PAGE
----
Last week, people were handing out leaflets for the Sydenham Arts Festival in the high street, Sydenham Road. There is not a lot on its official website
as yet, but more is promised soon. We caught up with the man behind the festival, and he told us what we can expect.
AB: Who was the brains behind Sydenham Arts Festival, or did it emerge from something else?
JK: The festival was instigated by myself, Jonathan Kaufman, and Geraldine Cox, owner of Kirkdale Bookshop in Sydenham. I worked at the bookshop for 8 years and we often staged events there - literary talks, book signings, exhibitions and theatrical performances. I also run Spontaneous Productions
, a Sydenham-based theatre company. After a series of events in July 2008 it was suggested we stage an arts festival. Word got round, a small committee was formed, local council funding obtained and the first festival was staged in July 2009 (50 events over 15 days).
AB: Is this a new festival, in particular is it connected with previous festivals like the Sydenham Music Festival
? [Cancelled this year due to the cuts].
JK: The festival is now in its fourth year. It is not connected to the Sydenham International Music Festival, no.
AB: I gather it is being funded or partly funded by the borough and by Sydenham Town Centre. What exactly is Sydenham Town Centre? There is not a lot there.
JK: We are part funded by Lewisham Council, Arts Council England, and receive financial support from many local businesses. The Sydenham Town Centre is a brand new website
developed to promote Sydenham businesses, especially retailers - it is work in progress!
AB: What sort of turn out are you expecting and what events are there apart from the mini plays?
JK: We are expecting over 15,000 visitors to this year's festival (1st-15th July). There are over 50 events, including diverse music, dance, drama, film, comedy, poetry, children's events and workshops. Many of our events are free. The full festival programme should appear on our website within the next few weeks.
AB: Have you invited the local chess club for example, or sundry cultural groups?
JK: We would not class chess as an 'art form', though obviously some would disagree! We do however invite many local arts organisations and groups to participate. Most participants are professional however, and subject to our selection process.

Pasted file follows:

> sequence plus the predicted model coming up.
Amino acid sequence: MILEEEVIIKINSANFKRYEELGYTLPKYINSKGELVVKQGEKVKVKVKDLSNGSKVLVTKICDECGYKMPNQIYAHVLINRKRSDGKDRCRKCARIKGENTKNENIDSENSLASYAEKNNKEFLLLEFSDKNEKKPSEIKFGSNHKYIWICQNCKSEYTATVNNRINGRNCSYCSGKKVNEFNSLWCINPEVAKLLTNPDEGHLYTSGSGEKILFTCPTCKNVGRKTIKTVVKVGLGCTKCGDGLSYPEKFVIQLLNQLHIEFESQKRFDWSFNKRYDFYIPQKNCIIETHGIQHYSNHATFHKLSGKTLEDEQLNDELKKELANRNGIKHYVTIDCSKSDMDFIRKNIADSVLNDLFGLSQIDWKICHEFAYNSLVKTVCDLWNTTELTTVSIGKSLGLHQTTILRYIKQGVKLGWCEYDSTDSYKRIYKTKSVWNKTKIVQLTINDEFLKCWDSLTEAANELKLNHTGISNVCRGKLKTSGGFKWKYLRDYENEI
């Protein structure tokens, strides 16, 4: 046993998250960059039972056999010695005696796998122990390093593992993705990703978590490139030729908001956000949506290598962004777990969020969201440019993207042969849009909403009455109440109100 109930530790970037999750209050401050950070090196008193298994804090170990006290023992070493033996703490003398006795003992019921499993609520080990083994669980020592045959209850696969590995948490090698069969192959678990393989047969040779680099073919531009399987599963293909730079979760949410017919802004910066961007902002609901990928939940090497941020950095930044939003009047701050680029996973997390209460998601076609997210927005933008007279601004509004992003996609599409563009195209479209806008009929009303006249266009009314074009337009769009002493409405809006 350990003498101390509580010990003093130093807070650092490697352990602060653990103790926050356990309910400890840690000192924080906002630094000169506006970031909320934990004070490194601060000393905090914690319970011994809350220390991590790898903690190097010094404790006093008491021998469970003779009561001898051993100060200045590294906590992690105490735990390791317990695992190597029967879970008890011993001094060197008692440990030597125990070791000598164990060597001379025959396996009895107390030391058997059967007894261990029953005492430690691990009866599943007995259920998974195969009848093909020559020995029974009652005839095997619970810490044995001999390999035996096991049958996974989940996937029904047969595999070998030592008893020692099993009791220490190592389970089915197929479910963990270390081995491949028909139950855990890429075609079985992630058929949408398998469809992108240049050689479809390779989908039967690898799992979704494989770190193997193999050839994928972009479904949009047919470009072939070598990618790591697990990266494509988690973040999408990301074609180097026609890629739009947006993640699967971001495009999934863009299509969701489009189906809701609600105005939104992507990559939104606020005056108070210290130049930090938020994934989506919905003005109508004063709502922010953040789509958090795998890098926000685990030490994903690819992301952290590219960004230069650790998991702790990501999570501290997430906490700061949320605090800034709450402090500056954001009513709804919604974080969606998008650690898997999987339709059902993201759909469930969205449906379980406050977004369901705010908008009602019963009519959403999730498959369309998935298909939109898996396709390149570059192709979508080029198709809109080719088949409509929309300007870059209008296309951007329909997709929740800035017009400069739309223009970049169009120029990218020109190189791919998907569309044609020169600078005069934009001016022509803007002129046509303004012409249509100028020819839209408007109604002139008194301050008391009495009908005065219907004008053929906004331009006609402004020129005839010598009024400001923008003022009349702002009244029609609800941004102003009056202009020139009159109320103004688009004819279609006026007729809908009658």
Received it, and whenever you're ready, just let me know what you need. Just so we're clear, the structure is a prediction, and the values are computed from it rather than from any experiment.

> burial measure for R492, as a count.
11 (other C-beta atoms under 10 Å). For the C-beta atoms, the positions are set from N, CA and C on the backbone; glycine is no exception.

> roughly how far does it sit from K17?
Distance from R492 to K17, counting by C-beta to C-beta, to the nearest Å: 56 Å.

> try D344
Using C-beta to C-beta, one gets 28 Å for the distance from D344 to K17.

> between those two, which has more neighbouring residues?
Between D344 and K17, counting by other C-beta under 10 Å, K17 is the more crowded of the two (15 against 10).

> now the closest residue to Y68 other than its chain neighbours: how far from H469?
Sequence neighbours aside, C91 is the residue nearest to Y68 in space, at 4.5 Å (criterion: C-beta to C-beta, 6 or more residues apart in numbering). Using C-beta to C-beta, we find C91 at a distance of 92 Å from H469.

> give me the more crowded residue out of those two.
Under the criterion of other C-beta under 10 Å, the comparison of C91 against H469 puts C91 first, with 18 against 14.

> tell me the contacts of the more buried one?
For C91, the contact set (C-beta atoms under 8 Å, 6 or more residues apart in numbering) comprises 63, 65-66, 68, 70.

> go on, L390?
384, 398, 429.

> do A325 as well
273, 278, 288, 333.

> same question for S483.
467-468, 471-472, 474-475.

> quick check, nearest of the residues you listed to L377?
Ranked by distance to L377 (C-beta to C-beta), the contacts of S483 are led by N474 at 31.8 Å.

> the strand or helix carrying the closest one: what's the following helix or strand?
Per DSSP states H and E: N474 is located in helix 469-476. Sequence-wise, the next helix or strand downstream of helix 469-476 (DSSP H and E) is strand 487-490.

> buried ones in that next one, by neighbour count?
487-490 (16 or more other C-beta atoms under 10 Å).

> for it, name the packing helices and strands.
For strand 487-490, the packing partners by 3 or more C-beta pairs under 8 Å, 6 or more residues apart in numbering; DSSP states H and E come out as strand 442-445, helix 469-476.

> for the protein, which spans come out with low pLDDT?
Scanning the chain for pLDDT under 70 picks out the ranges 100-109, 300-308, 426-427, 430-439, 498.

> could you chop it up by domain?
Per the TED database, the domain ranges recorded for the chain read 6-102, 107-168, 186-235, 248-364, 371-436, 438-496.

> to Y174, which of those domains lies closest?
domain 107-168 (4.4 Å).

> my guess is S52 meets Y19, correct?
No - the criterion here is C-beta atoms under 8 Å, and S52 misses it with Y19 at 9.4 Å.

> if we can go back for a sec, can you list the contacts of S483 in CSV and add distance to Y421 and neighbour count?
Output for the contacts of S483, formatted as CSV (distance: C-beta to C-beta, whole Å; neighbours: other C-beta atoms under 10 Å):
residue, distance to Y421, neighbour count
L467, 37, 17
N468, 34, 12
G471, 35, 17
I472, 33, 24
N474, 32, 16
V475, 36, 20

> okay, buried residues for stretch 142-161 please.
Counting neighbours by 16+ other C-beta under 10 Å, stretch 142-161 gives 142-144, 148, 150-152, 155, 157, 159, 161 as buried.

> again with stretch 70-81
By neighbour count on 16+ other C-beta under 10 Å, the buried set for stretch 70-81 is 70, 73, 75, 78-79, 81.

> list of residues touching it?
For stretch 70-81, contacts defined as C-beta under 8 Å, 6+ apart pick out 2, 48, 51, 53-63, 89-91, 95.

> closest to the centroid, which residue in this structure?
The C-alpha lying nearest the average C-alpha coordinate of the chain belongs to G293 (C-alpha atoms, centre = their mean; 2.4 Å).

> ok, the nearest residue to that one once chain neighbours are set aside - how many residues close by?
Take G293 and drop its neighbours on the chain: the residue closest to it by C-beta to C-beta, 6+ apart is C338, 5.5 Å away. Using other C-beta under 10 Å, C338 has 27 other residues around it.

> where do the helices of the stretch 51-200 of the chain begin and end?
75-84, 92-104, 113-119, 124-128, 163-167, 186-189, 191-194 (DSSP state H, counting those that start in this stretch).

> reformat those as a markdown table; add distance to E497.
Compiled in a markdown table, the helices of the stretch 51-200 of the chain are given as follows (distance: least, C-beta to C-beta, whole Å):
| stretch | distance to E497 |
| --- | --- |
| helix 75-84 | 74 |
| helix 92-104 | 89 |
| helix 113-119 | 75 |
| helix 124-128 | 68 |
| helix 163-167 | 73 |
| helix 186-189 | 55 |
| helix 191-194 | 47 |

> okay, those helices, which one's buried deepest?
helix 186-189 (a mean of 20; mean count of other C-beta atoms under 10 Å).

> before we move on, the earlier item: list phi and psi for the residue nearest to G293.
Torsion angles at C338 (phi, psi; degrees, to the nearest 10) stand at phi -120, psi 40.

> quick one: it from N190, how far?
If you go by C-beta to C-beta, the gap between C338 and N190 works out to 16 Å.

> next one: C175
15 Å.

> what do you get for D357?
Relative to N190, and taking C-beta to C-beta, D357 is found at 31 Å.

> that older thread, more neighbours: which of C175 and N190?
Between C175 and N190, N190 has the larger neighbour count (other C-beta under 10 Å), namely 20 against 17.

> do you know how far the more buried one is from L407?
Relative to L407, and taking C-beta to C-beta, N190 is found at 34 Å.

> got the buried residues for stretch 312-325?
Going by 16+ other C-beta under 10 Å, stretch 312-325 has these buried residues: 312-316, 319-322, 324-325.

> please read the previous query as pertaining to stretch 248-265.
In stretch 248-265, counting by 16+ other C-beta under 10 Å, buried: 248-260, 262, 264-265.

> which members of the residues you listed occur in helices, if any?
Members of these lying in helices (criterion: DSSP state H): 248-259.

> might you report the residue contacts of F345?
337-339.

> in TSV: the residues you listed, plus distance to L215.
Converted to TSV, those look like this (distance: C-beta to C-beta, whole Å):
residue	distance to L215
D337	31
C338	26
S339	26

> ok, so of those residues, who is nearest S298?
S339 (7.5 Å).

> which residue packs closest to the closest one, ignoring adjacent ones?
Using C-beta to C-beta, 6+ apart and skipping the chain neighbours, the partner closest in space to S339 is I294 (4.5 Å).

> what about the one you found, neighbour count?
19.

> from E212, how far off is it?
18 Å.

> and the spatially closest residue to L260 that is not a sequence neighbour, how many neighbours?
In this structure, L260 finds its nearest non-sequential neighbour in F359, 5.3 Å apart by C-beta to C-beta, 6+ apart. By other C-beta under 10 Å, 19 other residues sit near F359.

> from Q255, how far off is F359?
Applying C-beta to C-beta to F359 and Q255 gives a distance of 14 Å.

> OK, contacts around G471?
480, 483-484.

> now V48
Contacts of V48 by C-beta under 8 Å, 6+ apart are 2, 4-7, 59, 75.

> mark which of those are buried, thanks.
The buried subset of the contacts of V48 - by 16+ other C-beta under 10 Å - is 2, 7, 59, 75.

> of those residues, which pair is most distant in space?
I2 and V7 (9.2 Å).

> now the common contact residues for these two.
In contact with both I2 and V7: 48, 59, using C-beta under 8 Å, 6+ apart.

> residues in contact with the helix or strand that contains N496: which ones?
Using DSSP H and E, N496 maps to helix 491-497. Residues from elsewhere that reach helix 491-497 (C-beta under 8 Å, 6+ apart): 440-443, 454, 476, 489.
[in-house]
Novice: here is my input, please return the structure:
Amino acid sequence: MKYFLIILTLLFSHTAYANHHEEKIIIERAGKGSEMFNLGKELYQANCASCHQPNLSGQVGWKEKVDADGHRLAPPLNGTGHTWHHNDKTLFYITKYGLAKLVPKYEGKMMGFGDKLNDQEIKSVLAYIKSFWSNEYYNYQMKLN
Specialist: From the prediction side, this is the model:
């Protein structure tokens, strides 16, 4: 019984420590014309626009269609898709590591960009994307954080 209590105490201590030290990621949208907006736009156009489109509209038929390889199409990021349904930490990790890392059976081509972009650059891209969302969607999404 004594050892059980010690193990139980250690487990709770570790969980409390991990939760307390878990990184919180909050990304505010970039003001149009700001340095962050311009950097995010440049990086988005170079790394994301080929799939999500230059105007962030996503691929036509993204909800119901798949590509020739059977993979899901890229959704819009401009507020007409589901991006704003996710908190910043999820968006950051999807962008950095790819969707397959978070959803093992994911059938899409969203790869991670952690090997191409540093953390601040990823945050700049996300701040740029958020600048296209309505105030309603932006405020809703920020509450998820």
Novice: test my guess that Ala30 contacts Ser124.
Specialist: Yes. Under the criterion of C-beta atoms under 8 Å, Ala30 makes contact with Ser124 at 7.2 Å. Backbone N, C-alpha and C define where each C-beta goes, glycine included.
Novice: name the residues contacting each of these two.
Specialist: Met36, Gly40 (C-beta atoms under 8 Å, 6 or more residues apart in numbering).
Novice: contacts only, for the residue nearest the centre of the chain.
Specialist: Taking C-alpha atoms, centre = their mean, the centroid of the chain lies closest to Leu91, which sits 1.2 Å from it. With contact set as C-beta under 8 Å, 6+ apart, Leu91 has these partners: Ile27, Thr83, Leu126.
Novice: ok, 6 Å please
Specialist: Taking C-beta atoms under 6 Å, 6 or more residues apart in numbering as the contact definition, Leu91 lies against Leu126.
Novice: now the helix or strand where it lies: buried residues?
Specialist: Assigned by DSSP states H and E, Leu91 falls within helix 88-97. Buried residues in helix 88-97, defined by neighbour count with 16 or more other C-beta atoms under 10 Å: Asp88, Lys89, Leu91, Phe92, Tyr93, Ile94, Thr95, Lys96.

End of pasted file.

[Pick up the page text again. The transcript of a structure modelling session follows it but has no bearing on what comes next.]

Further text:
AB: Will this be a totally family friendly event or will there be adult entertainment - quote, unquote - as well? Is there likely to be anything anyone might regard as controversial, like an anti-war demonstration?
JK: Many festival events are family-friendly but not all. There are several events that would not be deemed suitable for children, including comedy at the Hob and the evening of short plays. I don't envisage any of the festival events being 'controversial' in the way you suggest - but that's probably a matter of opinion!
AB: What are your views on the cuts and Cameron's so-called big society?
JK: I'm not sure this question is entirely relevant to our festival. We are a non-political organisation. However, since you ask my own view is that the government cuts are very regrettable, especially where they affect the arts in general. And as regards the big society, there has been a thriving culture of volunteering, within the arts and elsewhere, for as long as there has been a society - it certainly wasn't invented by David Cameron and cronies!
AB: Is this going to be a one-off event or are you planning to run it annually, every two or three years, or what?
JK:The festival has been an annual event since 2009 and hopefully will continue to be so, at least as long as there is an audience for it!
AB: Jonathan Kaufman, thank you very much, and we'll see you there!
The Sydenham Arts Festival website has actually been archived
since August 2010. Perhaps I should pay more attention to what goes on in my own neighbourhood. Jonathan Kaufman has also kindly provided some photographs for your perusal.